First-year students who live on campus are 2% more likely to continue on to their second year than those who do not, according to a new report, “The Case for Campus Housing,” from the Association of College and University Housing Officers – International (ACUHO-I).
ACUHO-I says that difference could be due to the proximity of learning experiences and opportunities while in residence halls, including “the ability to attend classes, interact with faculty, meet with advisors, study and do projects with other students, use academic support services, and attend social, diversity-related, and wellness activities.”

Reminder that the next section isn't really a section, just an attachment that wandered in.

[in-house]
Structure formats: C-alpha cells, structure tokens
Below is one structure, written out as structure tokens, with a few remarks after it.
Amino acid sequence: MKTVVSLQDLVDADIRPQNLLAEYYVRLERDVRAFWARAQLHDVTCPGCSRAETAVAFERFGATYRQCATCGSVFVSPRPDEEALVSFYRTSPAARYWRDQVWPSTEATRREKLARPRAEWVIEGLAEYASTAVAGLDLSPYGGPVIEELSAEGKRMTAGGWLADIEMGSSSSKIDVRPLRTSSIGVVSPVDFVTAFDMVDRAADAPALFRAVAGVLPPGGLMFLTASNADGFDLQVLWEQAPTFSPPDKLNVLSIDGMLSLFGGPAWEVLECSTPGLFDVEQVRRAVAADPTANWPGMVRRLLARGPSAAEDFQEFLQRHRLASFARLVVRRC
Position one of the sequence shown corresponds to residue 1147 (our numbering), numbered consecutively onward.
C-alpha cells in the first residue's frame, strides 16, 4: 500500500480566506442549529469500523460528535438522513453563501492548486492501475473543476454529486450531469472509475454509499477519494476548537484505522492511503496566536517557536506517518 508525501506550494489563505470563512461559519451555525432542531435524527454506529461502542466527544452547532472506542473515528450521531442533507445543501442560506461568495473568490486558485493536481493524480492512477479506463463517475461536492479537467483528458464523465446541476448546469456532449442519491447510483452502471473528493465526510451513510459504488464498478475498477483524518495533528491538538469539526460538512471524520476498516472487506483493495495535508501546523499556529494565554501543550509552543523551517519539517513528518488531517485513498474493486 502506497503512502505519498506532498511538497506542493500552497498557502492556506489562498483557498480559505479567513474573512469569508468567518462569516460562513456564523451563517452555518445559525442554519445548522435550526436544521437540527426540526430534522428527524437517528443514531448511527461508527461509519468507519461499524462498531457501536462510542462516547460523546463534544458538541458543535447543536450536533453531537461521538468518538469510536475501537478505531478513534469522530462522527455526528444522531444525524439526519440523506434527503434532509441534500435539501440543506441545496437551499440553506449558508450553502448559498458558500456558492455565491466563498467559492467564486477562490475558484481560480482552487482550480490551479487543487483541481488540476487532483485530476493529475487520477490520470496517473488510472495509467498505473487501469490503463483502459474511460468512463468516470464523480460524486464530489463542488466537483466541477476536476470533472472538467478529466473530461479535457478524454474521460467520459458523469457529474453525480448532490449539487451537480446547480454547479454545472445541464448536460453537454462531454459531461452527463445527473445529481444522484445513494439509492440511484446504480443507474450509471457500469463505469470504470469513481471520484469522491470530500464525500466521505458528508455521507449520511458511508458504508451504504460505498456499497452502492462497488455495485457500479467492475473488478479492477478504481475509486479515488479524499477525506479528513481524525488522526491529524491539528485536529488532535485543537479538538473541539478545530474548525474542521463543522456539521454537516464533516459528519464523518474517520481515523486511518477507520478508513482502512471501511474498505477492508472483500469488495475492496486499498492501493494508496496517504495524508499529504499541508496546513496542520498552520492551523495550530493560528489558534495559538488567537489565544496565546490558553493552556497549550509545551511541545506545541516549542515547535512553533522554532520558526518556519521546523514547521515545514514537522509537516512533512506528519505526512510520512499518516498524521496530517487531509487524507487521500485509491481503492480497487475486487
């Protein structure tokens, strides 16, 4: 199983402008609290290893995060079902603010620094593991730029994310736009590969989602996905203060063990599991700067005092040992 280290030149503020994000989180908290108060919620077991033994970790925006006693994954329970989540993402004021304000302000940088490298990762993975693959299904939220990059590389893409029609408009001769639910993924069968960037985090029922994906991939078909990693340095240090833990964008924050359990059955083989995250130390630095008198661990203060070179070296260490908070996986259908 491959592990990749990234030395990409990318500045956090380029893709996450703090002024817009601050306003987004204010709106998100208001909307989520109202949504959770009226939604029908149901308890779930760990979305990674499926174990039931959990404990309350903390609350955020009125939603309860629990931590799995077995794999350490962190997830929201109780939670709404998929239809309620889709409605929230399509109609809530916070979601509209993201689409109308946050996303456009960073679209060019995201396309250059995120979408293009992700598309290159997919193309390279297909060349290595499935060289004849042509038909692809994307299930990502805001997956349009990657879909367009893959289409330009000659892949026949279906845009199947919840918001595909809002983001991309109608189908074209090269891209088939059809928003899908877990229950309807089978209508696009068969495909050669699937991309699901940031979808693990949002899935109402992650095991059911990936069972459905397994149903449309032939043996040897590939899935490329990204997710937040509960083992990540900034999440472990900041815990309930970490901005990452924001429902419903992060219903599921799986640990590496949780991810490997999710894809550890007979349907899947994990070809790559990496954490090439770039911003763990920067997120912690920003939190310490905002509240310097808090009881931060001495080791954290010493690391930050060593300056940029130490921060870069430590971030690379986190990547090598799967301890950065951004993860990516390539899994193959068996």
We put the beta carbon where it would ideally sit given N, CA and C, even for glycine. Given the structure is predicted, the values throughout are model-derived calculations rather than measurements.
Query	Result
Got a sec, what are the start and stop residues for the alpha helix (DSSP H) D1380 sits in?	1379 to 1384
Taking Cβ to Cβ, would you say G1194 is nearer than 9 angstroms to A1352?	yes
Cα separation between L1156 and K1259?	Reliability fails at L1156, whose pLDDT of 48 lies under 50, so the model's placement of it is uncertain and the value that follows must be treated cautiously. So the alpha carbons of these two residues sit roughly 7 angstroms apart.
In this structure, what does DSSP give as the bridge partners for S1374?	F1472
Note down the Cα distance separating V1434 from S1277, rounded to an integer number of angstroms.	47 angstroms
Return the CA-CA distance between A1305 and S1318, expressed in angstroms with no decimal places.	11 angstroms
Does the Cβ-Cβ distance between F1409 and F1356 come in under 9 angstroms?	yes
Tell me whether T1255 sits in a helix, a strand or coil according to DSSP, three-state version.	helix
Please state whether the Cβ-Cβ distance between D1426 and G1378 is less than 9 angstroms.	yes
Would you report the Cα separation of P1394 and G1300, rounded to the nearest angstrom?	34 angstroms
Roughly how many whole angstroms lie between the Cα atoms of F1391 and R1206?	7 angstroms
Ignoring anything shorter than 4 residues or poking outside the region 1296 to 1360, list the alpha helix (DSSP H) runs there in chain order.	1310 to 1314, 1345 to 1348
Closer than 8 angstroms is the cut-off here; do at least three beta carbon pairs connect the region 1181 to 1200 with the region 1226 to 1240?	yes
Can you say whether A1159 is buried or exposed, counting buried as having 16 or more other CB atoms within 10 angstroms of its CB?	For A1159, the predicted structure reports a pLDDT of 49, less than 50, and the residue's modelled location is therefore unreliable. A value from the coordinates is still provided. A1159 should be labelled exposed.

Among other findings, the study also found that many students of color (Asian, Black, and multiracial) who picked their roommates perceived a “significantly and substantially more” welcoming campus environment. However, the study notes, only 25% of students of color choose their own roommates as compared to 40% of white students.
“With a diverse data set of 33,000 respondents from 76 residential institutions, this is the most
comprehensive study of the student housing experience in decades,” said Dr. Robert M. Gonyea, associate director of the Center for Postsecondary Research and co-author of the report.